In the vast annals of lumbering lore,
are some feats that flat take the breath away,
biggest load or best cut on a Woodsman’s Day,
or a river rat breaking a logjam, they say.
In nineteen thirteen a logger by trade,
his name Harry Martin, from Michigan came.
His boast that he lumbered in Canada, too,
added swagger and strut to his claim to fame.
To Belfort he journeyed, vacation to mend,
up Beaver River, where lumber jacks spend.
‘Twas time of log running, the rapids so high,
below Belfort dam dashing foam to the sky.
Two weeks there scored two jaunts to the bar,
fellow loggers flaunting their razor-sharp skills,
tales of deeds daring they all had seen done:
Oh, shooting these rapids? The ultimate one!
Then up jumped Martin addressing the crowd,
He frowned at this being, eh, that profound?
“Why, I could do that,” he bragged with such ease,
they stared at the stranger, snapping “Oh, please!”
Yes, this was too much for his bar-mates to buy,
they looked at each other and wagered a bet,
twenty-five dollars says, “You are all wet!”
“None could do this, no, it would mean death!”
Up to the challenge, Harry Martin equipped:
driving gear, calked boots, pike pole in his grip,
proceeded to pick out a fourteen-inch pine,
rolled to an eddy at the foot of the climb.
He jumped up upon it and called to the crowd,
“Push me off,” as the group held their breath.
In the blink of an eye vanished into the mist,
onlookers, breathless, heck, having a fit.
“Who is this chap?” called one spectator out?
“A Michigan braggart!” another did shout,
“A death wish, has he,” then hollered a third,
as they scrambled downriver, all sore concerned.
A quarter mile run, and the crowd stopped, awestruck,
at a wet winded man resting safely ashore.
“Martin’s alive,” someone shouted, then spat,
“Our wager he’s won, so we must pass the hat.”
Said Black River Democrat, “Real risky, indeed,”
Journal & Republican, “Impossible, our read,”
printed Watertown Reporter, “Does not compare,
to a high wire walk or a sky dive in midair!”
In the past annals of lumbering lore,
are some feats that flat take the breath away,
biggest load or best cut on a Woodsman’s Day,
No — running the rapids by Martin – I say!
Watertown’s Re-Union and Lowville’s Journal & Republican tried to explain just how “impossible” Martin’s act was: “Those who witnessed the feat say that high wire walking and high diving are not to be compared with it.”
When contemporary readers heard about “high wire walking” they would have visualized high-wire artists in famous circus acts, with Frenchman Jean Francois Granele – otherwise known as “Blondin” – the first to walk a tightrope across Niagara Falls in 1859, with repeat performances.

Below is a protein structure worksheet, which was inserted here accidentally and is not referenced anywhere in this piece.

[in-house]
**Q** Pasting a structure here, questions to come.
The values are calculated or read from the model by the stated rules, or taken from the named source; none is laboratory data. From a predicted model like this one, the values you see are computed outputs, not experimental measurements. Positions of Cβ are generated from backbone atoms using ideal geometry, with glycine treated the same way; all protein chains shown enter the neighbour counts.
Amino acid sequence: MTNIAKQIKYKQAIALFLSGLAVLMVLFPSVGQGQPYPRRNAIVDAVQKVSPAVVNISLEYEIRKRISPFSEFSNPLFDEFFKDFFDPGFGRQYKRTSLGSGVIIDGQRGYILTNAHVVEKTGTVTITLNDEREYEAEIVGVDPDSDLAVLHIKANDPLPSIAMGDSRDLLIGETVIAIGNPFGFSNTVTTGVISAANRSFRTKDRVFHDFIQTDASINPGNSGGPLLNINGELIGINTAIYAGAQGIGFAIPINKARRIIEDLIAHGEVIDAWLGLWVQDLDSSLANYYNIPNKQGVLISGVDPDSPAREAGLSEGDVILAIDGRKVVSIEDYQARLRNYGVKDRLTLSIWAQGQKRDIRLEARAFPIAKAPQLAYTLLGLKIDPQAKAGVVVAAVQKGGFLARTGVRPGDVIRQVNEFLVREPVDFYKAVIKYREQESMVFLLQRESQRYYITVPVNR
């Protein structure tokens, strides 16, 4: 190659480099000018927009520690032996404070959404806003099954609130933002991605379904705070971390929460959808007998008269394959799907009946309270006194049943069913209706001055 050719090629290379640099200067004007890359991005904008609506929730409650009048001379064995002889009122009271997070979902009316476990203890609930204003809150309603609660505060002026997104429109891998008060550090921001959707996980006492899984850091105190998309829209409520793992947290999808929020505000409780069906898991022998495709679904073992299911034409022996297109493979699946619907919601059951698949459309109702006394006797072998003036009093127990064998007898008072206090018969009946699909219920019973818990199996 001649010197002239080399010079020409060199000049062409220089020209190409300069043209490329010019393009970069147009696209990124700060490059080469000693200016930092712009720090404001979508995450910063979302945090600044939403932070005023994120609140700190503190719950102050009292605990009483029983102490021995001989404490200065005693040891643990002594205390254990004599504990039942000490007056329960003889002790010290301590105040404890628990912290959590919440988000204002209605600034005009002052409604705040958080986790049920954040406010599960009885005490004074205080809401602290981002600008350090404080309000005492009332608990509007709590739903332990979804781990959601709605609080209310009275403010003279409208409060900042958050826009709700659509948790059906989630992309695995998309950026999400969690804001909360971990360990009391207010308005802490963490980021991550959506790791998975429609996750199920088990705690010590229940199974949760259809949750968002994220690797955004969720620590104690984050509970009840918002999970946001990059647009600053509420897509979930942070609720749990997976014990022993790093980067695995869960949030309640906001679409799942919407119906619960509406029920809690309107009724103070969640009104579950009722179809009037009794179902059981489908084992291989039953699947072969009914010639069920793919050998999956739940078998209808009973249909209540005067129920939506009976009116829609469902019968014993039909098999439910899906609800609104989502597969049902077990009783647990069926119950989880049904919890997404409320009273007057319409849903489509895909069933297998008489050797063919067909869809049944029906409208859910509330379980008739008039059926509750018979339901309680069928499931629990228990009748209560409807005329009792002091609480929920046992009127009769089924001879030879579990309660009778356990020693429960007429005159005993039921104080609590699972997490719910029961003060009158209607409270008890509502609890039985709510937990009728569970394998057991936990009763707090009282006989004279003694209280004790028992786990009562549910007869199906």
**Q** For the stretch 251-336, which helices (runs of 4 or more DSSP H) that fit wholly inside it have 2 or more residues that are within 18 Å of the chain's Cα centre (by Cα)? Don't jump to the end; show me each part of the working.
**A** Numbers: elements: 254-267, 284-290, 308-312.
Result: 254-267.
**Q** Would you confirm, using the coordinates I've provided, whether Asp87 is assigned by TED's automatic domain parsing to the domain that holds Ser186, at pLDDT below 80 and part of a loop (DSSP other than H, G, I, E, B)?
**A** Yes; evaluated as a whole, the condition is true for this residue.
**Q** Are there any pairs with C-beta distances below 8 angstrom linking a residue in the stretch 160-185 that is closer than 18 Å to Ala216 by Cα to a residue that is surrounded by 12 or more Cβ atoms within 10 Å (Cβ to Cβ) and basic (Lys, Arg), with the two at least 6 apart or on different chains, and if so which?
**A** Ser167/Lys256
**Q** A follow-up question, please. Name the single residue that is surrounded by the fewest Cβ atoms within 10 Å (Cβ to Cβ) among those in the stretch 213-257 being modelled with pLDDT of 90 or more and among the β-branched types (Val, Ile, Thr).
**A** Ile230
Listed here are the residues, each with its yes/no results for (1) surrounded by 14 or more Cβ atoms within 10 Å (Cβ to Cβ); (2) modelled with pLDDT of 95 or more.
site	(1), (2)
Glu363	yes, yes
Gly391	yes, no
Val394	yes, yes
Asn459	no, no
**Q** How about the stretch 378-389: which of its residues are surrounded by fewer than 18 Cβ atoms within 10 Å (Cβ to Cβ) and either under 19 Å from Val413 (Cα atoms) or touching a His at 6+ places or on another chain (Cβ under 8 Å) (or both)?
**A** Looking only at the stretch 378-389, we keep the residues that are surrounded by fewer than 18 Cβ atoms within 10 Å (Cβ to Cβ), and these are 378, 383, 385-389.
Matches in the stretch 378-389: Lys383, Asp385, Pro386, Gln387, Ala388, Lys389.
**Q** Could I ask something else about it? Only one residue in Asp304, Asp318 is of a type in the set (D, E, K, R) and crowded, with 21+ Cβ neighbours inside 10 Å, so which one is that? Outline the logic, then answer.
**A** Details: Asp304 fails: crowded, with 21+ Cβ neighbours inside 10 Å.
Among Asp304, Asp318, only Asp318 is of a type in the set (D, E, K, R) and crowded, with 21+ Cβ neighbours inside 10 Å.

“High diving” clearly evoked Swedish Olympic champion Hjalmer Johansson, who won gold in 1908 for “high plain diving” and silver in 1912 for “high fancy diving.” High diving was typically done from a 10-meter or 33-foot-high board, with a very high degree of difficulty. Johansson was later inducted into the Olympic Hall of Fame for pioneering this sport and inventing new dives.
For me, Martin’s running the Beaver River rapids that Sunday in 1913 topped the daring of these other sports, an act that truly takes the breath away! Whether we call it a feat, an exploit, a trick, or a stunt, it deserved the attention three reputable Lewis County newspapers gave it. Martin certainly won that bet!
Lumberjacks are rated as having the most dangerous job in the world, with 133 fatal injuries per 100,000 workers, as compared with 3.4 per that total for all other workers according to the U.S. Bureau of Labor Statistics. That fatality rate or level of danger is thirty times greater for lumberjacks like Harry Martin.
The picture here depicts the first Woodsmen’s Field Day held in Old Forge in 1948, a celebration of the tools and skills of this important but dangerous profession.
These Lewis County reporters (and Harry Martin) moved me to write this poem. I dedicate it now to all the lumberjacks whose guts and courage provide the rest of us with essentials like toilet paper, cardboard, lumber, and paper for books, magazines, and newsprint. They risk their lives to make ours easier and better!
Illustrations, from above: The writer, Noel Sherry, with Twitchell Lake’s Poet Laureate hat on, summer 2023; the Dam at Belfort, on the Beaver River (courtesy of the Town of Croghan) and used in Nick Montalbano’s article “Local History: The Hamlet of Belfort;” (3) Harry Martin running the Beaver River below Belfort Dam in flood stage, pencil sketch by Noel Sherry; and “A Bucksaw Contest” in The Lumber Camp News published in Old Forge in 1948.